Urinary tract infections (UTI) are common in children. About 8% of young girls and 2% of young boys get UTIs
UTI is an infection of the urinary tract, which includes the kidneys, ureters, bladder, and urethra. However, most UTIs involve only the bladder and the urethra, which constitute the lower urinary tract. Bacteria can build in the tract when waste isn’t removed or the bladder isn’t emptied. Every child is different, and UTI symptoms vary with the child’s age.
Common UTIs symptoms:
- Feeling pain, burning, or a stinging sensation when peeing
- Feeling the urge to urinate but not being able to
- Frequent urination
- Lower Abdominal Pain
- Back Pain
UTIs signs in babies:
- Cloudy, dark, smelly, or bloody urine
- Fever or chills
Potential causes of UTIs:
- Urinary Tract Abnormalities: Children may have correctable bladder or kidney problems that contribute to UTIs, such as partial blockages, dilated segments, stones, or elevated bladder pressures.
- Poor toilet habits: Many children hold urine for too long. Holding urine helps bacteria to grow. Also, a child who doesn’t drink enough fluid may not make enough urine to flush away bacteria.
- Urine Reflux: An abnormal backward flow (reflux) of urine from the bladder up the ureters and toward the kidneys.
- Family history of UTIs: Someone in the family has UTI.
- Constipation: Constipation can cause the large intestine to swell up and press on the bladder.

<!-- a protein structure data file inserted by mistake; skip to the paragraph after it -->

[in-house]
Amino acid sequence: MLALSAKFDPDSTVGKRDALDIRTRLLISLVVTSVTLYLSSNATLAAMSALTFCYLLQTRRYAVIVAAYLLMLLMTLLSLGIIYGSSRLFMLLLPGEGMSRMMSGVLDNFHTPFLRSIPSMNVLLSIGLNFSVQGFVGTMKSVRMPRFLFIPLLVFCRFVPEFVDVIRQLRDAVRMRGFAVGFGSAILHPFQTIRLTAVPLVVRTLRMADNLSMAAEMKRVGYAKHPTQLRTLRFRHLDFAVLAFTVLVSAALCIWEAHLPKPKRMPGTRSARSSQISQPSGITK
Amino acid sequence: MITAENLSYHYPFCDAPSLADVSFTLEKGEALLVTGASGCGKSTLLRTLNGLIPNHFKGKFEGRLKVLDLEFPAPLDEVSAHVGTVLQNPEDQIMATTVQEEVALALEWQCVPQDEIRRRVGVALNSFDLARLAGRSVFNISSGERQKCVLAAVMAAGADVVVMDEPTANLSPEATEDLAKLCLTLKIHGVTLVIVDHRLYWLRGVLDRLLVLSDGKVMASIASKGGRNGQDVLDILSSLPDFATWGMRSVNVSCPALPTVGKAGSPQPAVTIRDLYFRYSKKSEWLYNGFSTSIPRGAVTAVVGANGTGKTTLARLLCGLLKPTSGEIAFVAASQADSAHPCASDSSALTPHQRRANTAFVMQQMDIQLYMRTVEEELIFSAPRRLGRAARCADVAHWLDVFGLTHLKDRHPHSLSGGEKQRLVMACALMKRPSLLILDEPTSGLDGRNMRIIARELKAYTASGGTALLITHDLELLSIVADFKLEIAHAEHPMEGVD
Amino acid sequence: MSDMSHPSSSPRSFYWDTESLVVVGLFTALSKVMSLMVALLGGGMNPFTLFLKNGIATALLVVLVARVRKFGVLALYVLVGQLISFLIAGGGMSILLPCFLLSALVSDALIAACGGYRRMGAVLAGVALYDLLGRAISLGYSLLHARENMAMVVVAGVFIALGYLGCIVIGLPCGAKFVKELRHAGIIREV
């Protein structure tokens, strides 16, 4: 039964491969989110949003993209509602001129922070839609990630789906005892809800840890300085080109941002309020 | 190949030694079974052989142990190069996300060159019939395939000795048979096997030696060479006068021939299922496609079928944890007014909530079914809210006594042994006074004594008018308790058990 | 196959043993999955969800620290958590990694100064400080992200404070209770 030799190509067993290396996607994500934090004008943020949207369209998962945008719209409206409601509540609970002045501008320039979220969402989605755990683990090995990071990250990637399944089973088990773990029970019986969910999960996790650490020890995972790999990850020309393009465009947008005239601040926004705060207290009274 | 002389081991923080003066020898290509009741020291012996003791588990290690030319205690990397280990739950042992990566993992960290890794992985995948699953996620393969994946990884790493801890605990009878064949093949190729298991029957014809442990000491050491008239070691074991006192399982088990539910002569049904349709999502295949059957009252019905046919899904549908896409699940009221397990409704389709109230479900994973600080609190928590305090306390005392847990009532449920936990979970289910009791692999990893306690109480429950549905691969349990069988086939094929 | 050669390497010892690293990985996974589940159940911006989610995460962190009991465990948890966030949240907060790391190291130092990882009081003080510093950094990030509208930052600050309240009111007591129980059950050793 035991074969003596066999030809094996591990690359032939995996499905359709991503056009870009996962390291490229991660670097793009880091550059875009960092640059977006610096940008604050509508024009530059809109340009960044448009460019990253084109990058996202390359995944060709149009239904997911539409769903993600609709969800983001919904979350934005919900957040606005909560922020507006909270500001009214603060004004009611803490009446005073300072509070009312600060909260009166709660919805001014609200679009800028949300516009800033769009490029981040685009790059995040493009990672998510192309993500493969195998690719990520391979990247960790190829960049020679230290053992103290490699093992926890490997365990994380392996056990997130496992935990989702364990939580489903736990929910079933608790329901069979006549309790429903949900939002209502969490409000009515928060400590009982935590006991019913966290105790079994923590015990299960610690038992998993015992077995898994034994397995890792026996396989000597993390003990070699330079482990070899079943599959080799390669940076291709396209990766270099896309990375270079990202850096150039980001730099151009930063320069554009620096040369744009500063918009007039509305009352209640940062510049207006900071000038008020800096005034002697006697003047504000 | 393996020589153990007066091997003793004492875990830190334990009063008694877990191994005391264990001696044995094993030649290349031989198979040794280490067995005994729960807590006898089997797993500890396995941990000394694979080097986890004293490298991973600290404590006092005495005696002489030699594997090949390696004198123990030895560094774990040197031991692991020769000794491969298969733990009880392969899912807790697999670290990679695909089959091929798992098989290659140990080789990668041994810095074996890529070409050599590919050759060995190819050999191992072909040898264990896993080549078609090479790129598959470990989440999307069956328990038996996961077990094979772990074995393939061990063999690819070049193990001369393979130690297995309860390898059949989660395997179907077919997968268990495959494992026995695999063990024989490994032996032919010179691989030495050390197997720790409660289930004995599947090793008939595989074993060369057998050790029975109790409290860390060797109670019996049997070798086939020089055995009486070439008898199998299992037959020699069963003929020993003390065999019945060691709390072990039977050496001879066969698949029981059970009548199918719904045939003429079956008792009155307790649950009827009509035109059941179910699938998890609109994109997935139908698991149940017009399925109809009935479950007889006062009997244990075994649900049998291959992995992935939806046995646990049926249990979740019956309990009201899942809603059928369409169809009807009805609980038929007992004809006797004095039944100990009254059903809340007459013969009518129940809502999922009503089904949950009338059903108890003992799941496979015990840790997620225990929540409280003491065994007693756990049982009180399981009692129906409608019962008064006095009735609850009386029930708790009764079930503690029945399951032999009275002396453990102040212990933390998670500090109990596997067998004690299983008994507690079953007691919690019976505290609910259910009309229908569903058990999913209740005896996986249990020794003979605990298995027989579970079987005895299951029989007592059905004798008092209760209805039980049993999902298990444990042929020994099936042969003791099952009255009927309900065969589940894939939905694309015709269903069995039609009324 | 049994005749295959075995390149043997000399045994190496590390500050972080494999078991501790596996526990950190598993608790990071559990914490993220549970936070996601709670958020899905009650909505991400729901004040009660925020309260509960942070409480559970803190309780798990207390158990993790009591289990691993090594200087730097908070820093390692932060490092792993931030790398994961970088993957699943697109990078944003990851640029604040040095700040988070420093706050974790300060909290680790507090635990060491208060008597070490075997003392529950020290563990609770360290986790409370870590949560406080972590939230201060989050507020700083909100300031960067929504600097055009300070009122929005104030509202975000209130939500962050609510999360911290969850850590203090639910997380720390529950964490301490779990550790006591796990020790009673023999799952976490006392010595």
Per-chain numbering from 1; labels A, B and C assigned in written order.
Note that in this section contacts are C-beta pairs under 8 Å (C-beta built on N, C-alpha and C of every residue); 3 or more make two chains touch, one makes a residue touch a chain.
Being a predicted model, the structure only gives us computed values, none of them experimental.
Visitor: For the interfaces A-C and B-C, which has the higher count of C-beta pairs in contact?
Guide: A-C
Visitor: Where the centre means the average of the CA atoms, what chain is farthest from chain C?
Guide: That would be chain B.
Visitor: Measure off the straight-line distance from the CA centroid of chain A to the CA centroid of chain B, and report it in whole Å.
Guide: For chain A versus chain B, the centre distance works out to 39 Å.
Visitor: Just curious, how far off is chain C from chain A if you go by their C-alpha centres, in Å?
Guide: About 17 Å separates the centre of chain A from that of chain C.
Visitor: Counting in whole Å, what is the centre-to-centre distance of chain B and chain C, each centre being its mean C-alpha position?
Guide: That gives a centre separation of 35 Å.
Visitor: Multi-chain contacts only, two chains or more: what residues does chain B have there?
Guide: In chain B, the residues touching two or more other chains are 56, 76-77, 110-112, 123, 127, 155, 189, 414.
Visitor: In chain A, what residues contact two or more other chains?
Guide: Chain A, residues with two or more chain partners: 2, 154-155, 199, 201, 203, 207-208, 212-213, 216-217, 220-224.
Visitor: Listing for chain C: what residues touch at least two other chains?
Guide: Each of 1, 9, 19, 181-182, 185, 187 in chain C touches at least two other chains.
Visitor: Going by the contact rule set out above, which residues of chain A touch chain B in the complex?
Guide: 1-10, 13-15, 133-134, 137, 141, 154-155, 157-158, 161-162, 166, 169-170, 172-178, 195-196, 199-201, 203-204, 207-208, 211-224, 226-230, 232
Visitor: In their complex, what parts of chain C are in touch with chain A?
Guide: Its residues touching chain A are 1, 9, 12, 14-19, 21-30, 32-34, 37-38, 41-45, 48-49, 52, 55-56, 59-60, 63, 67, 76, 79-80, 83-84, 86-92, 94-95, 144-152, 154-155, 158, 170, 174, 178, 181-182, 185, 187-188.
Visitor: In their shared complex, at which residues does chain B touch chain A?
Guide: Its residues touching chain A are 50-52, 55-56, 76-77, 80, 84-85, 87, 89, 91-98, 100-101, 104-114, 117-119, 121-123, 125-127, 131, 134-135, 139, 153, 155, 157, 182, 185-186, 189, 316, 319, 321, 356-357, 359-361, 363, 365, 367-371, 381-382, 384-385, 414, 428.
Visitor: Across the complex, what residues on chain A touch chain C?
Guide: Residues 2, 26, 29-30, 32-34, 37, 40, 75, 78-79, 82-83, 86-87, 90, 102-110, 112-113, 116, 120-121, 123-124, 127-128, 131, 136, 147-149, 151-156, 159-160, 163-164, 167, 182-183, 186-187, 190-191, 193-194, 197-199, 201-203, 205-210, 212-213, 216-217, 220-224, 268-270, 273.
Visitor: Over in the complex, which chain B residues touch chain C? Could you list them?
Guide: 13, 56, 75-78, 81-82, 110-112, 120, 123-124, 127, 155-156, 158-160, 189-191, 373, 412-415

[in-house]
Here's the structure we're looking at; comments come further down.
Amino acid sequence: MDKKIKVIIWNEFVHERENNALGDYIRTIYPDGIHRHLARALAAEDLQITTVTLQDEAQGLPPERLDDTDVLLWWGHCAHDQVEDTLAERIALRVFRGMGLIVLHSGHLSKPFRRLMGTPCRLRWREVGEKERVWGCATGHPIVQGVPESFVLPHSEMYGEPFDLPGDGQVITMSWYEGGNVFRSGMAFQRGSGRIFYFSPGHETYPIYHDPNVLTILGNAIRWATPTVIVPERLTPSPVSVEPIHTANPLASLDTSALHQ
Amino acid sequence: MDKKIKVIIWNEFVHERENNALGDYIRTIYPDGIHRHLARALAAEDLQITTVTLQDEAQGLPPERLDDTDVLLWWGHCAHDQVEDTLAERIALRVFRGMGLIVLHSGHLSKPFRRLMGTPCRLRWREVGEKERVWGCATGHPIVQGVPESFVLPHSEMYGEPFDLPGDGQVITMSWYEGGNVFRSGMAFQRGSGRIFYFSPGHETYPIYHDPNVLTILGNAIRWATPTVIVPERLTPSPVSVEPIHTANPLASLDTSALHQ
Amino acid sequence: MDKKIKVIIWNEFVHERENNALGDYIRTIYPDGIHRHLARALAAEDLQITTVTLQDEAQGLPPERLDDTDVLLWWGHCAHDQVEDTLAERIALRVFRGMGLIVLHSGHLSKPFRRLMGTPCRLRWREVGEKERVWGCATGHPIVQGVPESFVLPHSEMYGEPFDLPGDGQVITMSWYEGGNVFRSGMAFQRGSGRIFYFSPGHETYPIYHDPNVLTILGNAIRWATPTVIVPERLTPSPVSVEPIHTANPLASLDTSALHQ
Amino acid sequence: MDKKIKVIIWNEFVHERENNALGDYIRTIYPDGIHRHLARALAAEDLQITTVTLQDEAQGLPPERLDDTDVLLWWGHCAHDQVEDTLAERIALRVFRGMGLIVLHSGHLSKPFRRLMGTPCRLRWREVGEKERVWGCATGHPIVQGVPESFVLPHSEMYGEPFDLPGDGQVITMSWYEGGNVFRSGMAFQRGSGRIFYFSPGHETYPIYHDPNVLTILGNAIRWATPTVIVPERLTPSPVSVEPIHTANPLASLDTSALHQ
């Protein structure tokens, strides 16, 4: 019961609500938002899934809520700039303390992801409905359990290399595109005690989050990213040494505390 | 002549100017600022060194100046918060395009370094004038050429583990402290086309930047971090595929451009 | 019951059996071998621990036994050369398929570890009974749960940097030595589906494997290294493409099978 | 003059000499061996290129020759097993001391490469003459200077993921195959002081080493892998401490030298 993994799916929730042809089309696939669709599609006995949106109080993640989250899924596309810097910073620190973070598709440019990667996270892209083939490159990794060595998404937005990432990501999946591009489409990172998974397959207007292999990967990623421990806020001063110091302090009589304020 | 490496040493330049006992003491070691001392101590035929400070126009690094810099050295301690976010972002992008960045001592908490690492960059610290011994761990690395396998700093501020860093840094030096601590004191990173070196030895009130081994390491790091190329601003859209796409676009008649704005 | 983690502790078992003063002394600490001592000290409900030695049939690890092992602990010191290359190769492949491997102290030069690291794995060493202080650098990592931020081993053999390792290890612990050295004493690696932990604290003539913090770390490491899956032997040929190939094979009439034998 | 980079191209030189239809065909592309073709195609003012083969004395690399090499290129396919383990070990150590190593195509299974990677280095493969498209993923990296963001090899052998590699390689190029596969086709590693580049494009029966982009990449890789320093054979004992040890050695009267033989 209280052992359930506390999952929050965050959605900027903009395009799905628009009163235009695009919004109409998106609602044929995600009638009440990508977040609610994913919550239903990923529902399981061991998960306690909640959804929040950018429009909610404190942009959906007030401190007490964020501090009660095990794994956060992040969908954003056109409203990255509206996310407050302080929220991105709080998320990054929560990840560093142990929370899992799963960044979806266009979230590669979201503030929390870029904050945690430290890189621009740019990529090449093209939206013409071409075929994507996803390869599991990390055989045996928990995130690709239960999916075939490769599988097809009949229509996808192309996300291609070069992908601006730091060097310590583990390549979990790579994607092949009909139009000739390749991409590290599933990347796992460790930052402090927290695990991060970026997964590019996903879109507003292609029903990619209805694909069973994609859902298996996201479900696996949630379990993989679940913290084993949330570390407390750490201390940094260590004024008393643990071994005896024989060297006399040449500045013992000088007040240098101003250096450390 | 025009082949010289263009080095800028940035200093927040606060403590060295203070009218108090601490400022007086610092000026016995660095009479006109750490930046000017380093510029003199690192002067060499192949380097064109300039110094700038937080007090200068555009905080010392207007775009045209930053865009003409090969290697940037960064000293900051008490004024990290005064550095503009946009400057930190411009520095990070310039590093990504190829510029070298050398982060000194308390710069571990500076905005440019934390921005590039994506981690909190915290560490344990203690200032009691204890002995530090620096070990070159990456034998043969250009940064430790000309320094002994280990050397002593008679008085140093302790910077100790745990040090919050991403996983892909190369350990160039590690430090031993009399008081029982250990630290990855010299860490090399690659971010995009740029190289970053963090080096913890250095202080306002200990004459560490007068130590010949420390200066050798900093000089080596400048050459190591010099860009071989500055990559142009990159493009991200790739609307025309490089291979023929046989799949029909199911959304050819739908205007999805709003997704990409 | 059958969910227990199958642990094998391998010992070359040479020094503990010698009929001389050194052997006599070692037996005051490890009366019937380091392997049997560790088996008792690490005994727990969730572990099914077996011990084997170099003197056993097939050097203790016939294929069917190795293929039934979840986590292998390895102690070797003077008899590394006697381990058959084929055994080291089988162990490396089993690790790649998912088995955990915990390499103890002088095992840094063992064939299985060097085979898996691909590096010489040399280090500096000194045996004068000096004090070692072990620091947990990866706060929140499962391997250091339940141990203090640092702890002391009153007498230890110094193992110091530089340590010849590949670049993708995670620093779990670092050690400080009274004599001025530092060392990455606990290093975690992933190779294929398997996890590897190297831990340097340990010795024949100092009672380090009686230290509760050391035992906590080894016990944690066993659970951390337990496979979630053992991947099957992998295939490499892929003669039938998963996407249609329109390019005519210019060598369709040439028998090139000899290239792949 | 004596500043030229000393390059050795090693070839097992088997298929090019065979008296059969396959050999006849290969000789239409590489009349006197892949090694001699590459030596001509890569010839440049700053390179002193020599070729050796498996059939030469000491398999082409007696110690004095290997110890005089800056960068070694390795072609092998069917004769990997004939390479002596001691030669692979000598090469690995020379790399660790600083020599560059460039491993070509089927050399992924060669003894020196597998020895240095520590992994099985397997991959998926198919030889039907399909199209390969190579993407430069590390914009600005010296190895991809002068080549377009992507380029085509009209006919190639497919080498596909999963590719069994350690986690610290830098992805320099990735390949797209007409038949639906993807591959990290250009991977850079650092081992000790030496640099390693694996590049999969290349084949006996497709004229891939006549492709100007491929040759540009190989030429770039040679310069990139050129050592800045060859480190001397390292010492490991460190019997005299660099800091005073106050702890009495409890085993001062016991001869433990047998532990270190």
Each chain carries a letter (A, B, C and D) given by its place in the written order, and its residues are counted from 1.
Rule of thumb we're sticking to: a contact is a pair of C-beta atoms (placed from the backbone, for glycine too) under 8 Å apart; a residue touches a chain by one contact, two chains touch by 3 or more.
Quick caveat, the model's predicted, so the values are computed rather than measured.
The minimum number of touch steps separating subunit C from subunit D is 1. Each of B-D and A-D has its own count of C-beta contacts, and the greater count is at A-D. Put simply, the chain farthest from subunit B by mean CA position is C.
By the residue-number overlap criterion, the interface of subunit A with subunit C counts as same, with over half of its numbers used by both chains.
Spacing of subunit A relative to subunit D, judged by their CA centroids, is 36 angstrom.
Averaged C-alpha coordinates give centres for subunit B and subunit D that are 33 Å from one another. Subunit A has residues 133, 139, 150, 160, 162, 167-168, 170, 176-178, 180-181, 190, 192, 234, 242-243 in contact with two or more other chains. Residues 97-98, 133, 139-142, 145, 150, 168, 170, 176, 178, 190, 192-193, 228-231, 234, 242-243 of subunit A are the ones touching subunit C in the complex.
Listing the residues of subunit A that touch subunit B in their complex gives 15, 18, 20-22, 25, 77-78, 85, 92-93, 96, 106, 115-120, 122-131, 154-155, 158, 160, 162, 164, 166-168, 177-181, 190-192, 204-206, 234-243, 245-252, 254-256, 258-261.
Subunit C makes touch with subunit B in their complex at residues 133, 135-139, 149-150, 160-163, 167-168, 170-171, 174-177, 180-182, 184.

- Phimosis (for boys): The foreskin can’t be pulled down (common in young boys), leaving urine residue on the penis, allowing the risk of infection.
- Abnormalities in the nervous system and spinal cord: Causing irregular urination, such as lesser urine, dripping urine, or urinary reflux.
Tips to prevent UTIs in children:
- Keep your child’s genital area clean to help prevent the spread of bacteria that causes UTIs. For babies and toddlers, change diapers often. During potty training, it’s important to teach your child good hygiene. Girls should know to wipe from front to rear — not rear to front to keep germs from spreading from the anus to the urethra.
- Have your child drink plenty of fluids but avoid those with caffeine.
- School-aged girls should avoid bubble baths and strong soaps that might cause irritation.
- Make sure your child doesn’t get constipated.
Treatment for UTIs in children
Every child’s UTI treatment is individualized and based on the underlying cause of the UTI. Children with a more severe infection may need treatment in a hospital so they can get antibiotics by injection or through an IV infusion. If a child has severe pain when peeing, the doctor may also prescribe medicine that numbs the lining of the urinary tract to reduce the pain.
You should always keep track of Your Child‘s trips to the bathroom and ask the little one about symptoms.
Encourage Your Child to drink plenty of non-sugar-sweetened fluids, especially water. Most UTIs are cured within a week of treatment.
When should I call the doctor?
Call the doctor right away if your child has an unexplained fever (a temperature of over 38.3°C in children or 38°C in babies) with shaking chills, especially if your child complains about back pain or any type of pain when peeing. Call the doctor right away if your child feeds poorly, vomits repeatedly, or seems unusually irritable.
Many pediatricians also suggest parents write down the name of a new diagnosis and any new medicines, treatments, or tests in every hospital visit. Also, write down any new instructions your provider gives you for your child. The parents should know how to contact their pediatricians after office hours. This is important for situations where your child becomes ill and you have questions or need advice.
Dr. Piyawut Kreetapirom, MD. (11 February 2022)